This is hardly to argue that all European regulation protects individual freedoms or maximizes social outcomes. It is to point out that regulation is often the only way to protect encroachments on individual freedoms. To argue, as a classic libertarian might, that a consumer is as free to switch banks as a bank is to sell its data neglects to note that a bank that doesn’t sell its data is at a competitive disadvantage with one that does, and a consumer who can’t find a privacy-protecting bank is simply out of luck. In short, the free play of markets can be a threat to individual freedom, unless individual freedom is a term that applies only to businesses and not to their consumers or employees or the people who must breathe their pollutants. This is something that New Deal liberals and social democrats have long understood and sought to redress. Indeed, the central insight of 20th century liberalism was that freedoms conflict, that a company’s freedom to dominate the marketplace was often in conflict with a consumer’s freedom to find a product at a fair price, or a worker’s freedom to find a decent job or form a union, or a citizen’s freedom to have an equal voice in the legislative process. And that to establish some parity of freedoms, the state had to take a hand.

Markos quotes an entry that a reader posted on his Daily Kos blog in which the reader cites his realization that “corporations are becoming more powerful than governments” as the key to his switch to a neo-libertarianism concerned with regulating corporations. But surely, concern over disproportionate corporate power has been a main concern, if not the main concern, of populism, progressivism, and liberalism dating back at least to the 1890s. Americans railed against the railroads and the oil trusts and Wall Street long before they railed against government regulations, for the simple reason that government regulations didn’t seriously begin to curtail the abuses of the rails, of oil and of Wall Street until the New Deal. If libertarians see their mission as defending freedom, liberals, seeing freedoms in conflict, have defined theirs as balancing those freedoms, and regulating their excesses, in the cause of a greater social good. The moral calculus that liberals have used in weighing one freedom against another, to be sure, has often been at odds with the moral calculus of conservatives and the conceptual calculus of libertarians. Liberals, for instance, insisted that the right of a black person to equal access exceeded that of a property owner to discriminate on racial grounds, which upset racist traditionalists, as well as libertarians such as Barry Goldwater, who privileged the property owner’s right above the black person’s.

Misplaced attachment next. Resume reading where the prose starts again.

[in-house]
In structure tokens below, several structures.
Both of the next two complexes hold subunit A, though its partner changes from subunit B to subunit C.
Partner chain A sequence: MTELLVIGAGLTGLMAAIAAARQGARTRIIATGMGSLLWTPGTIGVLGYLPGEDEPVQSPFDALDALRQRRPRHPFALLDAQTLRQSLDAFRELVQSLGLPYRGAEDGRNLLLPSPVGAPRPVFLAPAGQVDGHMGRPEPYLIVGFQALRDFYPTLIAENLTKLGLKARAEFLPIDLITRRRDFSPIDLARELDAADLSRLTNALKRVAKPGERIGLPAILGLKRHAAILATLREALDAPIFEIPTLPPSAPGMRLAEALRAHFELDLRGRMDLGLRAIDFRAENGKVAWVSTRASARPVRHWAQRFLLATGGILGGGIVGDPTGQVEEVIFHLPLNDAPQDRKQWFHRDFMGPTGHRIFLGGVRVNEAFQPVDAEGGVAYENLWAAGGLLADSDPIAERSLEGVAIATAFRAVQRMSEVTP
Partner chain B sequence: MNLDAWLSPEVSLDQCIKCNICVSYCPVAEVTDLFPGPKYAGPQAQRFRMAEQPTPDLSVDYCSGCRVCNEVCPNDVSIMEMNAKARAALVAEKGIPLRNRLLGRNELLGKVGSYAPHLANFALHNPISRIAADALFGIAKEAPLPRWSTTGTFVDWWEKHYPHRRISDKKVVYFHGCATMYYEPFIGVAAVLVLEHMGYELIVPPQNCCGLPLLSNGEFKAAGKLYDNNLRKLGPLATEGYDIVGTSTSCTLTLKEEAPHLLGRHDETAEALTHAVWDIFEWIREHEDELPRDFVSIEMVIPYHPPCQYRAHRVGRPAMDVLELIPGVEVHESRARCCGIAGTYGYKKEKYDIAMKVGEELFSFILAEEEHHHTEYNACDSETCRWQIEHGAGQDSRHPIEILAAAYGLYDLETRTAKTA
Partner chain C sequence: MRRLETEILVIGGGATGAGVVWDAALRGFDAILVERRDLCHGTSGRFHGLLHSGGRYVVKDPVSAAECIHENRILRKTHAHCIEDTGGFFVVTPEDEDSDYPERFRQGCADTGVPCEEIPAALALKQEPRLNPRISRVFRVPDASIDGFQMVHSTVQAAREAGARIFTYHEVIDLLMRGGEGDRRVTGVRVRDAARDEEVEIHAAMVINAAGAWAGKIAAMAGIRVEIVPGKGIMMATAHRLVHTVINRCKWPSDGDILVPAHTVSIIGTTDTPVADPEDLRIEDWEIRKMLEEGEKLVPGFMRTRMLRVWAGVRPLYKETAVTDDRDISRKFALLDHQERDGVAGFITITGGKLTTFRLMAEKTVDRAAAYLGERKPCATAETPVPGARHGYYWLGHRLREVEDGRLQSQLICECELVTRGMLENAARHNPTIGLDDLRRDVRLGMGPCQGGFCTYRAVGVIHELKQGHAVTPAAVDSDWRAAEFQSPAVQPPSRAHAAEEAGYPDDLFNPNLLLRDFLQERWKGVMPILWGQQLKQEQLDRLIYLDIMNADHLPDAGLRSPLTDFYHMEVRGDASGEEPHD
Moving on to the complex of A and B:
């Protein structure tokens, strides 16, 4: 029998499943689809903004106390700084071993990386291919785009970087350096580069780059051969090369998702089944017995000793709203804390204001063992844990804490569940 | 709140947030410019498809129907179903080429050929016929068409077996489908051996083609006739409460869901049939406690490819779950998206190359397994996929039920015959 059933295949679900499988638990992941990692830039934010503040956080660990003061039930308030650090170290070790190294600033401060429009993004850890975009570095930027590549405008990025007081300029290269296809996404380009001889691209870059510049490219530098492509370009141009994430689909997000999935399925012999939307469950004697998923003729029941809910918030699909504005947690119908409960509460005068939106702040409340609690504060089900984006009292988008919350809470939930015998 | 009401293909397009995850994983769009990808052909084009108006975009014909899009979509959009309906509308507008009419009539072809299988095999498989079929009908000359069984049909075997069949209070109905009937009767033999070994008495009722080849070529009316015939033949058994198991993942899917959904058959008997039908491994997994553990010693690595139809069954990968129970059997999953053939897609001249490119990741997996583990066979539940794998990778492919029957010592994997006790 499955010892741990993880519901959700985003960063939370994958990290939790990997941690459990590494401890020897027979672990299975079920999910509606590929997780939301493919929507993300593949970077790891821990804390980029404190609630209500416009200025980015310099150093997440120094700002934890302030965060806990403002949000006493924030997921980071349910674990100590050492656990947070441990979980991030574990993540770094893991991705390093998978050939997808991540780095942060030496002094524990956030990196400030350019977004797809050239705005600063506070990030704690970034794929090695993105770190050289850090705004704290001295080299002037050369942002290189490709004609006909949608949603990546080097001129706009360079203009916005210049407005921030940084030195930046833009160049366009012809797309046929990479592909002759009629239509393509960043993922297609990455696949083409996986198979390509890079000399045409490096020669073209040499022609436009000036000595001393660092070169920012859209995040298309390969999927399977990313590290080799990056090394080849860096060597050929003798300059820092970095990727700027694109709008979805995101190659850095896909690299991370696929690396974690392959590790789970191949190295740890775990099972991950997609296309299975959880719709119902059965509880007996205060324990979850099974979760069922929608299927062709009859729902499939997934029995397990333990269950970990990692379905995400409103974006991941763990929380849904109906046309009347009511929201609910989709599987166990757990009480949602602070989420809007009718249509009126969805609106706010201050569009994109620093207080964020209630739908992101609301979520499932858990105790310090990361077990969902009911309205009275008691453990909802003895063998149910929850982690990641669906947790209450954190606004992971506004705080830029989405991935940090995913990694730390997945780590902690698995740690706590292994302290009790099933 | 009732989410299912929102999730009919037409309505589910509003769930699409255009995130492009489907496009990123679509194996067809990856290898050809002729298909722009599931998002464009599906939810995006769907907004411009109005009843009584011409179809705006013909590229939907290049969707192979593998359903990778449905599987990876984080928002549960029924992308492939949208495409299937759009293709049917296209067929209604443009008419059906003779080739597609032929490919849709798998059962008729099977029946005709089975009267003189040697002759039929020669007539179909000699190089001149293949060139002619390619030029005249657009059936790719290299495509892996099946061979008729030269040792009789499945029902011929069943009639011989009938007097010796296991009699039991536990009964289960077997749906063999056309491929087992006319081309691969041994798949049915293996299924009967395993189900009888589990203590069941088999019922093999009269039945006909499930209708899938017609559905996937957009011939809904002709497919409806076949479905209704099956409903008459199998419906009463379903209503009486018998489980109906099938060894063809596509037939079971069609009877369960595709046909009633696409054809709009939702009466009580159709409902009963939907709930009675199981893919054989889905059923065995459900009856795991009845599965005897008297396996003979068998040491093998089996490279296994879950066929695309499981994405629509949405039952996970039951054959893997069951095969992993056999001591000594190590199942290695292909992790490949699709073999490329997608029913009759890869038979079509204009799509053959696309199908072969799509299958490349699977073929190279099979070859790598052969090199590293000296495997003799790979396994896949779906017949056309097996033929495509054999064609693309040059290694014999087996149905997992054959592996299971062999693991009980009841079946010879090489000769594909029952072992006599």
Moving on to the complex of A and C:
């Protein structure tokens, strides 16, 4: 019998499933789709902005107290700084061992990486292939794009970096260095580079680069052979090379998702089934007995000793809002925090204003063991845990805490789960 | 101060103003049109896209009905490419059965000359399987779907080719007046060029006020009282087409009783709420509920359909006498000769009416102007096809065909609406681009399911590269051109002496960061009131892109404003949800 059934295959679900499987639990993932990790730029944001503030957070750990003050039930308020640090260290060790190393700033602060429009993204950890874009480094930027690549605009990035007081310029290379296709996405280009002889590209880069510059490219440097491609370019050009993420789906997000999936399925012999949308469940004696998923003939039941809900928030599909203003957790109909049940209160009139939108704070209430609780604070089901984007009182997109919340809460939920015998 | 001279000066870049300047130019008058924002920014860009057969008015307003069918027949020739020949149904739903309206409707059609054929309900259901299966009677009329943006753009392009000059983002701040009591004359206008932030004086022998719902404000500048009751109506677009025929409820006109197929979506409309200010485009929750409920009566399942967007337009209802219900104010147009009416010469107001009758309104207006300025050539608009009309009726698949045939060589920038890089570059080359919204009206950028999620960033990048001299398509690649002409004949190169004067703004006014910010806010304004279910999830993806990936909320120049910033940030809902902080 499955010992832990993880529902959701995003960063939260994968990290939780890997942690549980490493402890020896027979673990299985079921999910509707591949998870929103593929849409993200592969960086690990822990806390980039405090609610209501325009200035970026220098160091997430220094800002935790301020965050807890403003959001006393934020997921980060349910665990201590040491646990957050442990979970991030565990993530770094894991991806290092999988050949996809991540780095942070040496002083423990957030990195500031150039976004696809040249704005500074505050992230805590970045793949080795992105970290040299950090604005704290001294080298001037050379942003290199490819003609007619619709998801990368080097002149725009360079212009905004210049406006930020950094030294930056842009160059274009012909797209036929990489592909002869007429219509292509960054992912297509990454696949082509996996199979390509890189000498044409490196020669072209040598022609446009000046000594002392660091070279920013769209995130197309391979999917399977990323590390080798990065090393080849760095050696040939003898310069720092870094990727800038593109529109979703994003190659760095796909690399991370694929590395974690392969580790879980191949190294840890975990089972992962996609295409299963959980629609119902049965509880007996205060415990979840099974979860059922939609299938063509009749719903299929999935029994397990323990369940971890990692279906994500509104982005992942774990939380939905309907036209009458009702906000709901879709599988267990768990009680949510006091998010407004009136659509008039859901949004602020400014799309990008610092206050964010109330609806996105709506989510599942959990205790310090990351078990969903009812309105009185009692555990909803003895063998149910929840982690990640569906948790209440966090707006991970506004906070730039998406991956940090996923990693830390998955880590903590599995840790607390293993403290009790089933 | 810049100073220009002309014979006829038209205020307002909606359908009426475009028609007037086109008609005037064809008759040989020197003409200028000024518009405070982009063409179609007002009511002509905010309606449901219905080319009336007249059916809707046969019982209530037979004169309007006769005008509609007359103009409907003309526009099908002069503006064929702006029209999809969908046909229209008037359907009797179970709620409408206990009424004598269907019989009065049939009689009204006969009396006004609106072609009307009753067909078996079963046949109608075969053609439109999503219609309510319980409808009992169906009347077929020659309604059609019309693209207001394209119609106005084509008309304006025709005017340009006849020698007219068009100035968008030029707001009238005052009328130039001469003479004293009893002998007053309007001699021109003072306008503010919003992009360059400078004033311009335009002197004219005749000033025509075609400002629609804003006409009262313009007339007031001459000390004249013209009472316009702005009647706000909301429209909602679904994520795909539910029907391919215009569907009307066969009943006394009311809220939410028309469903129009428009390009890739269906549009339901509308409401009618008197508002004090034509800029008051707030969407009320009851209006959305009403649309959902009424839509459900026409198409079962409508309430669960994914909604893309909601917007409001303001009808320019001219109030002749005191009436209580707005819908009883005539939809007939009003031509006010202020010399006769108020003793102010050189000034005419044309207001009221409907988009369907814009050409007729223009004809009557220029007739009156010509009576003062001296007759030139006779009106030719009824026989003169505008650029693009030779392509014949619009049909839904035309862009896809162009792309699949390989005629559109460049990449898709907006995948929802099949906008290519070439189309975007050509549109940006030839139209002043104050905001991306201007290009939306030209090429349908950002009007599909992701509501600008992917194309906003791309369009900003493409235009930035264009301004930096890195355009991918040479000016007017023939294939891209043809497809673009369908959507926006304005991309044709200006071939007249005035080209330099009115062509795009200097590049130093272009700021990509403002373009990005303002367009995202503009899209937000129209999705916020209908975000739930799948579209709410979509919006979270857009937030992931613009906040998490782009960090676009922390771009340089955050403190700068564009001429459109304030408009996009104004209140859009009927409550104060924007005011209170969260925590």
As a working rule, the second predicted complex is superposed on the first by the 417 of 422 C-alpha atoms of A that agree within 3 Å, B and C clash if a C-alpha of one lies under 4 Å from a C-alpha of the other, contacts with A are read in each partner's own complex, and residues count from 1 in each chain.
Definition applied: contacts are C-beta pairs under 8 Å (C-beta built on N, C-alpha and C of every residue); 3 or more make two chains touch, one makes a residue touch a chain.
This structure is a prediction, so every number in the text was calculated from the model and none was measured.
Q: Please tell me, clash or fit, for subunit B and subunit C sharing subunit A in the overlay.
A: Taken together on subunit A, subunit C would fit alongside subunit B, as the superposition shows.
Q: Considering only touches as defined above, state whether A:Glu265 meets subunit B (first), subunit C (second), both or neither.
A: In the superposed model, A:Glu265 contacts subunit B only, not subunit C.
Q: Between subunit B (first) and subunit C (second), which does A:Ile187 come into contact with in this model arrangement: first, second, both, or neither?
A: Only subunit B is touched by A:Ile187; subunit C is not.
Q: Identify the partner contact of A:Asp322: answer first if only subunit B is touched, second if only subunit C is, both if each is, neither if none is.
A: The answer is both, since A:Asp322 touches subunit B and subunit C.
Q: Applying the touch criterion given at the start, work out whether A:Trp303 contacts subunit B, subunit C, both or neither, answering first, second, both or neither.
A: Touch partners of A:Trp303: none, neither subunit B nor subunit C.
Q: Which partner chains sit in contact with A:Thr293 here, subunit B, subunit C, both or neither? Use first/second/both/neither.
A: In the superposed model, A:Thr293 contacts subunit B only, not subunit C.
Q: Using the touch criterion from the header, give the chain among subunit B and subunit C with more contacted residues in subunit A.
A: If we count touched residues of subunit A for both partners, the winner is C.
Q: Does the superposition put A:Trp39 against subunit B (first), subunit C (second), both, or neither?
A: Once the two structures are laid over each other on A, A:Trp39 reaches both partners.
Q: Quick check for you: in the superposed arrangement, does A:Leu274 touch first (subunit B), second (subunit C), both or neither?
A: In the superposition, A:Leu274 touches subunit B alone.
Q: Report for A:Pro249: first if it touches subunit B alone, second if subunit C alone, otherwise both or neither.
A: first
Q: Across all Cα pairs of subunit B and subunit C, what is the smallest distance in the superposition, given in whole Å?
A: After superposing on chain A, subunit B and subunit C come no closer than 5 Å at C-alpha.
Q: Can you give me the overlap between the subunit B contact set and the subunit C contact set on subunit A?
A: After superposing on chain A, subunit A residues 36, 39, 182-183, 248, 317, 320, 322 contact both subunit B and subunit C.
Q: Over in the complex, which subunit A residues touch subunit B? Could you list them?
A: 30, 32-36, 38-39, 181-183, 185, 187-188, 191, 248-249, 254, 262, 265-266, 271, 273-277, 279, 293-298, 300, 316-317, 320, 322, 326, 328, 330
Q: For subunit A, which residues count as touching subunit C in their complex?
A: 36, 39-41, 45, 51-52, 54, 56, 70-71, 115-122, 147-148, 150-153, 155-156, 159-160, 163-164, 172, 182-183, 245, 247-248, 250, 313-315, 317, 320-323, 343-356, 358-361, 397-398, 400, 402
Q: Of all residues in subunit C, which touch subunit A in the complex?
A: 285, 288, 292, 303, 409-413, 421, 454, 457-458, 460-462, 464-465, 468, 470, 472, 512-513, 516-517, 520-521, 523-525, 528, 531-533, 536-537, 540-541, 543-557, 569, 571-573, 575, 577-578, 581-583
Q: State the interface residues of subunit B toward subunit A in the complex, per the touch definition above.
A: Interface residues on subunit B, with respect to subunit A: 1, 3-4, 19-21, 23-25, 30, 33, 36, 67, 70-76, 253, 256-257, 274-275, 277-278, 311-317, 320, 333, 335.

But Markos raises a second point I want to address: that a new libertarian strain is emerging among Democrats of the Mountain West and elsewhere in the party. He’s right, and it’s a development I welcome, partly for principled and partly for pragmatic reasons. On principled grounds, I’m excited that a Montana Democrat like Jon Tester has the guts to come out against the Patriot Act, to be a tribune for Americans concerned about the unaccountability of the administration and the power grab of the executive branch. On political grounds, I’m quite comfortable with Mountain State Democrats defending the Second Amendment, just as I’m comfortable with Harold Ford, the Democratic Senate candidate in Tennessee, affirming traditional religious values. If the Democrats are ever going to move beyond their coastal, upper-Midwest blue state base, their local candidates will have to affirm the cultural values of the states they seek to represent. If that means we need to have a crazy-quilt of laws regulating guns on a state-by-state basis—happy hunting in Montana, no handguns allowed in New York City—that’s fine by me.

But there are some basic Democratic principles that are not libertarian, and that even Markos’ Mountain State mavericks still affirm. None of them have called for privatizing Social Security. None of them have called for abolishing Medicare. They may be civil libertarians and to some degree social libertarians, but they’re not economic libertarians. And for good reason: Economic libertarianism has never been more preposterous.

For the dominant social fact in America today is this: The corporate safety net is fast disappearing. Risk has been transferred to the individual—a decision in which individuals, as such, haven’t had a say (though their apprehensions about privatizing Social Security did nip that idea in the bud). Corporate pensions are vanishing and 401(k)s don’t provide equivalent retirement security. Fewer and fewer companies are offering medical benefits, even though corporate profits are at a 50-year high as a percentage of GDP. Companies that persist in offering such benefits are placed at a disadvantage when their competitors don’t. And consumers clearly can’t afford those benefits, either. As some recent surveys have made clear, precious few Americans can afford to buy medical insurance on their own or to utilize the Health Savings Accounts that the president is peddling.